A new method for calculating the rate of "bad cholesterol" in the blood is born. It is more accurate than the old method and allows for blood samples from people who have not fasted before the exam.
A study, published Jan. 2 in Circulation, suggests that routinely routine fasting for cholesterol testing could be avoided in most people, making such screening more convenient.
The new method of calculating bad cholesterol, LDL-cholesterol, was developed by Seth Martin and his colleagues at John Hopkins Hospital in 2013.
Other US and foreign researchers have confirmed its greater accuracy on a set of more than one million five hundred thousand participants, and the new method has been adopted by at least one major national diagnostic company in the United States this year.
More accurate and practical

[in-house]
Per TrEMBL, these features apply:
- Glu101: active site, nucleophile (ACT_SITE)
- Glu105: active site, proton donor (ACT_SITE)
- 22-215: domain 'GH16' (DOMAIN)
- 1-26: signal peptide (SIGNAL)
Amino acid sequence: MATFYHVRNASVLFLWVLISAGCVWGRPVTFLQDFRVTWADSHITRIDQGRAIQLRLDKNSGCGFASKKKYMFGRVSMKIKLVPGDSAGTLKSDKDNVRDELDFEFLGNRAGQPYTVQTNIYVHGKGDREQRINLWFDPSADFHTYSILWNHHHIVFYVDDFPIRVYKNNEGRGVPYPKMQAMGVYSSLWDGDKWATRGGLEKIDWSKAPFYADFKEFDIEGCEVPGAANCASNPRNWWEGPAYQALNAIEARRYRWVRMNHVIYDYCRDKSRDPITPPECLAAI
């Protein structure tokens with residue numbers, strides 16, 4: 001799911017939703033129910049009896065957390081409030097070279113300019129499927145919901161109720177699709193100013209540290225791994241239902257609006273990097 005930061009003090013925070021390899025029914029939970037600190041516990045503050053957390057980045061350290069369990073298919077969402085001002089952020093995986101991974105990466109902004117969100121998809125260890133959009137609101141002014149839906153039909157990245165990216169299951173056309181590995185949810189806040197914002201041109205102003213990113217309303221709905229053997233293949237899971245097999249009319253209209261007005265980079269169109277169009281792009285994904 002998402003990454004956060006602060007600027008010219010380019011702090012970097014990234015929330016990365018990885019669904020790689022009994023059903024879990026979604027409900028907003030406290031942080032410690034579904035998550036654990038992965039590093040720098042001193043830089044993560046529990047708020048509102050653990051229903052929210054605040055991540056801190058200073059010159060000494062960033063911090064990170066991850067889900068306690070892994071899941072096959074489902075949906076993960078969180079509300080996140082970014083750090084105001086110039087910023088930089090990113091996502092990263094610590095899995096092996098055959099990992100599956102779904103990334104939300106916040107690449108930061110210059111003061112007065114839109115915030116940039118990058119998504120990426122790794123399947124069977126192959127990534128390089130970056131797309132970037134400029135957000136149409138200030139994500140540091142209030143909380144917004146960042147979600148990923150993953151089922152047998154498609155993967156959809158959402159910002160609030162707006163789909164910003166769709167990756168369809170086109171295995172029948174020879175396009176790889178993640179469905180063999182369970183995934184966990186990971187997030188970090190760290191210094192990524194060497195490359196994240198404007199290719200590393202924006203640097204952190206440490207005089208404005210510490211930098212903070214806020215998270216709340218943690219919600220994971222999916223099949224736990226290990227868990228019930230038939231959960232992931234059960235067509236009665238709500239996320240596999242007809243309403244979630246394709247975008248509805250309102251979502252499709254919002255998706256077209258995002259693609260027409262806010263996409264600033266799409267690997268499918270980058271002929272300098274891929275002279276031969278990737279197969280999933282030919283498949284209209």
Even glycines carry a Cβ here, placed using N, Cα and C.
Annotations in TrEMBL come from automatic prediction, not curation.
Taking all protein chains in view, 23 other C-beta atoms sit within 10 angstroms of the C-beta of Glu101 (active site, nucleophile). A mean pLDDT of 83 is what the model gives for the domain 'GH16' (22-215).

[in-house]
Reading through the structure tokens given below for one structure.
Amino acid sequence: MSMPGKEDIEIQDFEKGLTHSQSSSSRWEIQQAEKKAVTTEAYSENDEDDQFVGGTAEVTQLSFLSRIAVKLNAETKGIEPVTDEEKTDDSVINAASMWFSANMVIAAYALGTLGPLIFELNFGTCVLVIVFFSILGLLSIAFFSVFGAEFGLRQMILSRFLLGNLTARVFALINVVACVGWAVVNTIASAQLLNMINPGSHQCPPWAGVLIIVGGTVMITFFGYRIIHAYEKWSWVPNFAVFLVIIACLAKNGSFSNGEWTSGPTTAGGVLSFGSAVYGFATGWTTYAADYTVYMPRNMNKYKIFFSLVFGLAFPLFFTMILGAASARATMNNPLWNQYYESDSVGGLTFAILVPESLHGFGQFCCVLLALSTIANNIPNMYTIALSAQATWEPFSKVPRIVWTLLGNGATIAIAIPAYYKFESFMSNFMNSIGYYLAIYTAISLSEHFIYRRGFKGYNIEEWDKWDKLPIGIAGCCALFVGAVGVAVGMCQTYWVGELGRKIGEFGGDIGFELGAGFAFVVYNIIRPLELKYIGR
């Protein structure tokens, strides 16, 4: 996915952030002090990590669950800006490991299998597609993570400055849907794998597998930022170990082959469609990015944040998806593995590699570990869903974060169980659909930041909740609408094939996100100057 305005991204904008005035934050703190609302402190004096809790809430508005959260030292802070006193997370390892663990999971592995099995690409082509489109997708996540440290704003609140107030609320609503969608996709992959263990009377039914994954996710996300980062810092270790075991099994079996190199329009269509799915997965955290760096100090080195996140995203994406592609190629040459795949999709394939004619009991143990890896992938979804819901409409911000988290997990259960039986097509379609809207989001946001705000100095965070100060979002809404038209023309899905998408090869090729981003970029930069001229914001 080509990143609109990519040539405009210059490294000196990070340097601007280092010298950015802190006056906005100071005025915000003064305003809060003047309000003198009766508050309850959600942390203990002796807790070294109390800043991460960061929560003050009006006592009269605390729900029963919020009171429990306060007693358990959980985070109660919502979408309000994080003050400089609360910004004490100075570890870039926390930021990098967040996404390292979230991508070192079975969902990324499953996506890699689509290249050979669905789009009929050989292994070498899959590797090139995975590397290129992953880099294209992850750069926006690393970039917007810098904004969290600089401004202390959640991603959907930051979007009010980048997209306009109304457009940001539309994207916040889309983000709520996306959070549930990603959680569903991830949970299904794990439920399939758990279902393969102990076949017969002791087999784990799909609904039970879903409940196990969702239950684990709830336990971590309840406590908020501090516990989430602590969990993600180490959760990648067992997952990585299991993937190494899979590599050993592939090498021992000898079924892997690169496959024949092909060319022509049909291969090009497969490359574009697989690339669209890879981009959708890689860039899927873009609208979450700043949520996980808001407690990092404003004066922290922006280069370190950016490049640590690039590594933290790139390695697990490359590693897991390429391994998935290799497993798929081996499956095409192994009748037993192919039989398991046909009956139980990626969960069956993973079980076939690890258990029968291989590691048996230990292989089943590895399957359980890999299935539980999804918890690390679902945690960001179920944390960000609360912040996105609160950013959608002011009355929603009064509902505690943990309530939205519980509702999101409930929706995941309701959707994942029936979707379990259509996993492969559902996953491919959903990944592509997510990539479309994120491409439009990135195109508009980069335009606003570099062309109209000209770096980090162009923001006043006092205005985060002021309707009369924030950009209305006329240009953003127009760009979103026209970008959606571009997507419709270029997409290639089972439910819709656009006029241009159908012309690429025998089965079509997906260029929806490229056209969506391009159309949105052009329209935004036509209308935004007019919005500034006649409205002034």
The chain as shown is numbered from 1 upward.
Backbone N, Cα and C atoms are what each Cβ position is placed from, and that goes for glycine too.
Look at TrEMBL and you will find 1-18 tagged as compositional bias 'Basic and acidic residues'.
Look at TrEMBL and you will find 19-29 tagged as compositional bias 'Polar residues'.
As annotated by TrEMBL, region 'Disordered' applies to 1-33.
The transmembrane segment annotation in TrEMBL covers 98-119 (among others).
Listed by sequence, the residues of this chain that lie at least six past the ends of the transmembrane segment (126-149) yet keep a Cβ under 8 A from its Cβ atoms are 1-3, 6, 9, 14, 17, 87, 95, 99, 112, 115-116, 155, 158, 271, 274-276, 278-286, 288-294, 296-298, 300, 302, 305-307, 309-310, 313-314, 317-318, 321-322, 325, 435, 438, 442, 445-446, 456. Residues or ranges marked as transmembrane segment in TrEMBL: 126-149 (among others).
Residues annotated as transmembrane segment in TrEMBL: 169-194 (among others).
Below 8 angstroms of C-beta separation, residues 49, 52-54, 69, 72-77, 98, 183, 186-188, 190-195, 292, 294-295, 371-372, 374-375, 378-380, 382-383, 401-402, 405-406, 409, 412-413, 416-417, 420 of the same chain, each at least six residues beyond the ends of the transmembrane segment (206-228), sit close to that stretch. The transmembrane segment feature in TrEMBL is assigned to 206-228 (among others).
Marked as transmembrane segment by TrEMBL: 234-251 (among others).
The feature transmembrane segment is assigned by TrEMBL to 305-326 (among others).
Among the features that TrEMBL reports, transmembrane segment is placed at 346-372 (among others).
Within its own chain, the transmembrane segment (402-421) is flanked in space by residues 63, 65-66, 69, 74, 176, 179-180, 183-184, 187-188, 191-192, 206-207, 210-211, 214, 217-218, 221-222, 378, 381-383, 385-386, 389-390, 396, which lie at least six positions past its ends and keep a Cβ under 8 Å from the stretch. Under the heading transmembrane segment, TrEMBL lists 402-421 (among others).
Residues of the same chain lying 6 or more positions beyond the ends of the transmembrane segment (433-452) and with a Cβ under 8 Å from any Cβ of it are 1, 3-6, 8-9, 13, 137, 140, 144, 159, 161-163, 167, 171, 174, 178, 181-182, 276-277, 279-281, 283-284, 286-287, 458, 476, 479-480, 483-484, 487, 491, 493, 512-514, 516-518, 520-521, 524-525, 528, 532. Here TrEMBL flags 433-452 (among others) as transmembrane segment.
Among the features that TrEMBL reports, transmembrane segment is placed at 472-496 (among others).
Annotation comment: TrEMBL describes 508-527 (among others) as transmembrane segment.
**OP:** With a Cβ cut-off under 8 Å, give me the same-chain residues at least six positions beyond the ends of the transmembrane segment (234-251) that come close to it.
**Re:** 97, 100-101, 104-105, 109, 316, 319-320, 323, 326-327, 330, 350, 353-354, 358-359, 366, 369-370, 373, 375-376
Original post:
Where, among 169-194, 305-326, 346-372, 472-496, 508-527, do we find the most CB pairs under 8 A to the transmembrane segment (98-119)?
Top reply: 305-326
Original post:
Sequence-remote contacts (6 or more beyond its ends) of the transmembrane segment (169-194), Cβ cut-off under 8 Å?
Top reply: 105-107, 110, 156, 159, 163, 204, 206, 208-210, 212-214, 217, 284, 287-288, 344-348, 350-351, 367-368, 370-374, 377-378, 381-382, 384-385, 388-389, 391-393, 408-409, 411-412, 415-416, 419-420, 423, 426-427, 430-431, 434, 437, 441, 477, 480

Although the new LDL-cholesterol calculation method is a little more complex, it can be done using information already collected in the blood sample to give a more accurate result.
Since fasting is no longer necessary with this method which is also more accurate, it becomes more convenient for patients because they can be dosed cholesterol anytime and do not need to come back for a second appointment if they ate.
”With our study, clinicians and patients can make better decisions because they are armed with more accurate test results, congratulates the author. Those who still use the Friedewald method need to be more careful in the interpretation, but in the meantime they can use our smartphone app until their lab is converted. "